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Stereo correspondence using an assisted discrete cosine transform method.

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thesis
posted on 24.05.2021, 14:48 by Edward Rosales
Many approaches have been taken towards the development of a compliant stereo correspondence algorithm that is capable of producing accurate disparity maps within a short period of time. There has been great progress over the past decade due to the vast increase in optimization techniques. Currently, the most successful algorithms contain explicit assumptions of the real world such as definitive differences in disparity among objects and constant textures within objects. This thesis starts by giving a brief description of disparity, along with descriptions of some common applications. Next, it explores various methods used in common stereo correspondence algorithms, as well as gives an in depth description and analysis of top performing algorithms. These algorithms are later used to compare with the proposed algorithm. In the proposed algorithm, frequency stereo correspondence in parallel with the traditional color intensity stereo correspondence is used to develop an initial disparity map. Frequency stereo correspondence is achieved using a winner-take-all block based Discrete Cosine Transform (DCT) to find the largest frequency components as well as their positions to use in disparity estimation. The proposed algorithm uses methods that are computationally inexpensive to reduce the computational time that plagues many of the common stereo correspondence algorithms. The proposed algorithm achieves an average correct disparity rate of 95.3%. This results in a disparity error rate of 4.07% compared to the top performing algorithms in the Middlebury website [1]; the DoubleBP, CoopRegion, AdaptingBP, and ADCensus algorithms that have error rates of 4.19%, 4.41%, 4.23%, and 3.97%, respectively. Additionally, experimental results demonstrate that the proposed algorithm is computationally efficient and significantly reduces the processing time that plagues many of the common stereo correspondence algorithms.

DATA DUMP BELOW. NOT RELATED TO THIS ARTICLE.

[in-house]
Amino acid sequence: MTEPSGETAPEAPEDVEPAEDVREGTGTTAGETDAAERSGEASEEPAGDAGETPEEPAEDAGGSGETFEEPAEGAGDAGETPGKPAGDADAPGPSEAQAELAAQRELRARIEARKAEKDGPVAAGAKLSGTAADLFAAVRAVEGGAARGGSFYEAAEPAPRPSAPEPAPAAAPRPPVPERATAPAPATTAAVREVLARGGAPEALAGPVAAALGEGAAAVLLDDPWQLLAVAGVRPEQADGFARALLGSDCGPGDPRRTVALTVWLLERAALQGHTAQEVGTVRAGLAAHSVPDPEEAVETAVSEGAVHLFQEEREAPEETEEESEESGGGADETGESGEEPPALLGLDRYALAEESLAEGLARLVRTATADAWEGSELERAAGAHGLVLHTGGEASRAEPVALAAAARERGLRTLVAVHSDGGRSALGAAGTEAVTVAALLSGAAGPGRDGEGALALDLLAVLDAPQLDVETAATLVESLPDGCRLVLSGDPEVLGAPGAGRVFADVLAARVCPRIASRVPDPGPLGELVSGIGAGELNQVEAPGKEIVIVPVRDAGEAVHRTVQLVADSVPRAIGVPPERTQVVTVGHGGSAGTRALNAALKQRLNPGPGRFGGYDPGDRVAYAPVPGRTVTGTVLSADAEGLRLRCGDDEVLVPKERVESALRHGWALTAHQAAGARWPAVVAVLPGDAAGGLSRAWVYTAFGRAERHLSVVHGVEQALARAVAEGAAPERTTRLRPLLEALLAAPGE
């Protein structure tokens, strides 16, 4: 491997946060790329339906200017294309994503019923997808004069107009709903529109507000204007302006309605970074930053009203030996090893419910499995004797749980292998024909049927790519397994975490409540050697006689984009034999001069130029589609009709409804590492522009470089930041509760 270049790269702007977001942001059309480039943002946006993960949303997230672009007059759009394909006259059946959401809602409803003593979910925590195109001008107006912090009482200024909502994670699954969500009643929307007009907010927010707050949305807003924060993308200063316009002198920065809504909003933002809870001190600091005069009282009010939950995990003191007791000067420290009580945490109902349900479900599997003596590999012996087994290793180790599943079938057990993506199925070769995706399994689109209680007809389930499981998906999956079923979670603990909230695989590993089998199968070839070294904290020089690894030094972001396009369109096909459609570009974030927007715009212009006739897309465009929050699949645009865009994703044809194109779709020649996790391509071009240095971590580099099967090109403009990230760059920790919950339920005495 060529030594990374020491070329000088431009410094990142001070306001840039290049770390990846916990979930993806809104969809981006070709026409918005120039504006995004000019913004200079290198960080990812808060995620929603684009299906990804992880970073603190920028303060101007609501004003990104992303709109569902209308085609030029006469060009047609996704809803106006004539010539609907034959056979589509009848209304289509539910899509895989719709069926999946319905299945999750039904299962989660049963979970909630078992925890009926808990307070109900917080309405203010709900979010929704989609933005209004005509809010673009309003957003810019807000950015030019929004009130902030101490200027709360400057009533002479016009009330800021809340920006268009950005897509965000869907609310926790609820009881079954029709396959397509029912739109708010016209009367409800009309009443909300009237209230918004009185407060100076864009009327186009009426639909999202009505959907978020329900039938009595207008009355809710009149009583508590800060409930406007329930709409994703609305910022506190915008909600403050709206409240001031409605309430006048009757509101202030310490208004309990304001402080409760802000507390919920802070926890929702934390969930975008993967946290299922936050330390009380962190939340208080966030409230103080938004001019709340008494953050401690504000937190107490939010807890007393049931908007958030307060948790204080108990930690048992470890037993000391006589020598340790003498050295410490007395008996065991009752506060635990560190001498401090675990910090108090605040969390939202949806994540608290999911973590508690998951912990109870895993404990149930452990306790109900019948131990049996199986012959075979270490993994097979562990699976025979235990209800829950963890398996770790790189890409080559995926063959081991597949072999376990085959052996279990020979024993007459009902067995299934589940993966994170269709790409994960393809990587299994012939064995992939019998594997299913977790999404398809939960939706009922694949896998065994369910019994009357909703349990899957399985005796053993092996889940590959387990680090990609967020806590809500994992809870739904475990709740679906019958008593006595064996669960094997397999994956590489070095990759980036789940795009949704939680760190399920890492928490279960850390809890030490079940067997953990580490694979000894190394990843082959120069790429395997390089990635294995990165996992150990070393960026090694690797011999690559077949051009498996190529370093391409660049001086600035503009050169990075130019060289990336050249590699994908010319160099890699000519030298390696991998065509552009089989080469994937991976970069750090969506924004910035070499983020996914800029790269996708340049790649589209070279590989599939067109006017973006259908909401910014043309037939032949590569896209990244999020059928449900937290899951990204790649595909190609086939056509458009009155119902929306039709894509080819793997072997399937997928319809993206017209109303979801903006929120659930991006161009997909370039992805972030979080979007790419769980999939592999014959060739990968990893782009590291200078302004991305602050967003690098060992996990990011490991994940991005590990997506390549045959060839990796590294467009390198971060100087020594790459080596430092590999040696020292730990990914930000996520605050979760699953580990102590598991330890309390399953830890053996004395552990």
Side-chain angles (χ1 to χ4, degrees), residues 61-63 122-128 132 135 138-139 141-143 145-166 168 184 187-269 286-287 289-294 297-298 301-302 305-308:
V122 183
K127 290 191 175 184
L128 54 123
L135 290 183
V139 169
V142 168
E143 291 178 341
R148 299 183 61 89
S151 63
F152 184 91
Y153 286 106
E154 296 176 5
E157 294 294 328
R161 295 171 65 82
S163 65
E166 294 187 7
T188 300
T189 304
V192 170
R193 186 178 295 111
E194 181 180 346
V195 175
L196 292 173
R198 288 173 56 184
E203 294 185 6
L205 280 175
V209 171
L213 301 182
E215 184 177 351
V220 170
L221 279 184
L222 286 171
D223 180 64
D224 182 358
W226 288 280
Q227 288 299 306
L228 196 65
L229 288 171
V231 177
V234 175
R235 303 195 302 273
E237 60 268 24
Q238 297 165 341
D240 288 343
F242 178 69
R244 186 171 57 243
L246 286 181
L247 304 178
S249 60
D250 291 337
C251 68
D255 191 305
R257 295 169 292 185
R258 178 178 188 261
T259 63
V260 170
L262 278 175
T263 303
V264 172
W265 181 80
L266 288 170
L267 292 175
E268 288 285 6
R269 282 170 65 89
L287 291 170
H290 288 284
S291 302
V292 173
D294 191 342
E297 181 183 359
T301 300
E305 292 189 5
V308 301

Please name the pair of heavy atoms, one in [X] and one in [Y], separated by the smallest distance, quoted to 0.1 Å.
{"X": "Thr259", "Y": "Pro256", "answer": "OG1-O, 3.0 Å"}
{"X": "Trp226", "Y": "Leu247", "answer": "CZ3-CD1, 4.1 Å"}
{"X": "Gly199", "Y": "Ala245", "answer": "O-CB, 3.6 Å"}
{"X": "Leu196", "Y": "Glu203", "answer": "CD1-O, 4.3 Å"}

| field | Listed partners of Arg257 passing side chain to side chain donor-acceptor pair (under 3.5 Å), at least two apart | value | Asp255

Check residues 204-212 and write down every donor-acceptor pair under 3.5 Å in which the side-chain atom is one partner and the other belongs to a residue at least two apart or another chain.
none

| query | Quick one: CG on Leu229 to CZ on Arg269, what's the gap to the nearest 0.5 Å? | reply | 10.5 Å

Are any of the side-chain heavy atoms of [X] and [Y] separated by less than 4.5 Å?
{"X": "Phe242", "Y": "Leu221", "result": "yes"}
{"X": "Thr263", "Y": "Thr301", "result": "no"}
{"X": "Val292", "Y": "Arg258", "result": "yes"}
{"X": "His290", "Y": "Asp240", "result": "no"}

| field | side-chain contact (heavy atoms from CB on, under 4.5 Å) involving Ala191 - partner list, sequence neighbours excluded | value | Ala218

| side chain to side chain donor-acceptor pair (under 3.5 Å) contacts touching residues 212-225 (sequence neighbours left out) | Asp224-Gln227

History

Degree

Master of Applied Science

Program

Electrical and Computer Engineering

Granting Institution

Ryerson University

LAC Thesis Type

Thesis